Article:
In northeast Florida, where red snapper are a major component of the catch on bottom fishing trips, the brief re-opening of the species for recreational anglers will be received with open arms.

“The re-opening is significant for fishermen in northeastern Florida,” Swatzel said. “Last week in Orlando we heard not only from red snapper fishermen but also from Chambers of Commerce and Hotel and Restaurant Associations about the economic importance of the red snapper fishery to the coastal economy [there].”

A bigger issue than red snapper for recreational fishermen in Horry and Georgetown counties is the current handling of the black sea bass fishery.

Swatzel noted the latest projections revealed at the Orlando meeting show the 2012-2013 quota for the recreational black sea bass fishery could be met as soon as Sept. 4, which would close the fishery only a little over three months after it opened on June 1. Once closed, the fishery would not open again until June 1, 2013. The council requested a new stock assessment be done on black sea bass in 2013.

Black sea bass are considered the most common and important reef fish caught by recreational fishermen on bottom fishing trips out of Grand Strand ports. The closure is expected despite an increase in the minimum size for the species from 12 to 13 inches which will go into effect on July 1.

“A recreational black sea bass closure in September would have a significant economic impact on the Grand Strand,” Swatzel said. “It's hoped that a new stock assessment conducted next year might impact the 2014 [fishing] season.

“The other issue affecting the season length is the inability of the National Marine Fisheries Service (NMFS) to accurately count the fish that are caught. The overages keep getting subtracted from the annual catch limits, further reducing the season.”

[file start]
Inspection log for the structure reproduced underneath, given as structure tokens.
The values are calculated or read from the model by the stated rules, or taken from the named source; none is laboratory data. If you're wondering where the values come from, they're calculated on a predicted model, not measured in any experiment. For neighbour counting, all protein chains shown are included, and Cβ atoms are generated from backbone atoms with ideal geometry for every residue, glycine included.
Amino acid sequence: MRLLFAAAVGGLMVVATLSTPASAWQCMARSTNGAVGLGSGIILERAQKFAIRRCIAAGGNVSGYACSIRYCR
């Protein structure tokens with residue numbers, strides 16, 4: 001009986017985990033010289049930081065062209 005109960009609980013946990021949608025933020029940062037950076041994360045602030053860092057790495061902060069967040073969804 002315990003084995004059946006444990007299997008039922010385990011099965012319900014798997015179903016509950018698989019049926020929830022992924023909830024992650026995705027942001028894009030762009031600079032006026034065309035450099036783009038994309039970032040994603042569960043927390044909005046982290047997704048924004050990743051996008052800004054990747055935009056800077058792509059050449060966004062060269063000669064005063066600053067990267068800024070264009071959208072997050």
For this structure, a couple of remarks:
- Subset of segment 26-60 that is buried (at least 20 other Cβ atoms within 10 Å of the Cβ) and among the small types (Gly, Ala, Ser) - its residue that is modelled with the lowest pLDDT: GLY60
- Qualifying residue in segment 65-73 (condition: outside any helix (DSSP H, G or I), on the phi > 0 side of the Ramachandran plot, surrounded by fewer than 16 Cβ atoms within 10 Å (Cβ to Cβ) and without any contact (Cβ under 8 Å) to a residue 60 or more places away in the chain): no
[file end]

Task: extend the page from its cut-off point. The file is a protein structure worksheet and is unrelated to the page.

Pending commercial closures

Swatzel noted that the annual quotas for the commercial fishing sector for the jack complex (including almaco jack, banded rudderfish, lesser amberjack), gray triggerfish and greater amberjack will be met soon. The NMFS is predicting quota closures for the jack complex in July, gray triggerfish in late September and greater amberjack in December for the commercial sector.

Governor's Cup

Charleston entry Summer Girl had a super tournament releasing three blue marlin to win the second event in the South Carolina Governor's Cup Billfishing Series, the Bohicket Marina Invitational Billfish Tournament, on June 9.

Summer Girl won a total of 1,800 points, the first time since 2008 a boat has released three blue marlin in a Governor's Cup event.

Miss Magnolia, out of Hilton Head Island, finished second with 1,500 points after releasing two blue marlin and one white marlin. Cotton Picker, of Savannah, Ga., was third with 1,200 points after releasing one blue marlin and two white marlin.

The third of five Governor's Cup Events will be held next weekend, June 27-30, when the Carolina Billfish Classic out of Toler's Cove Marina in Mt. Pleasant is staged.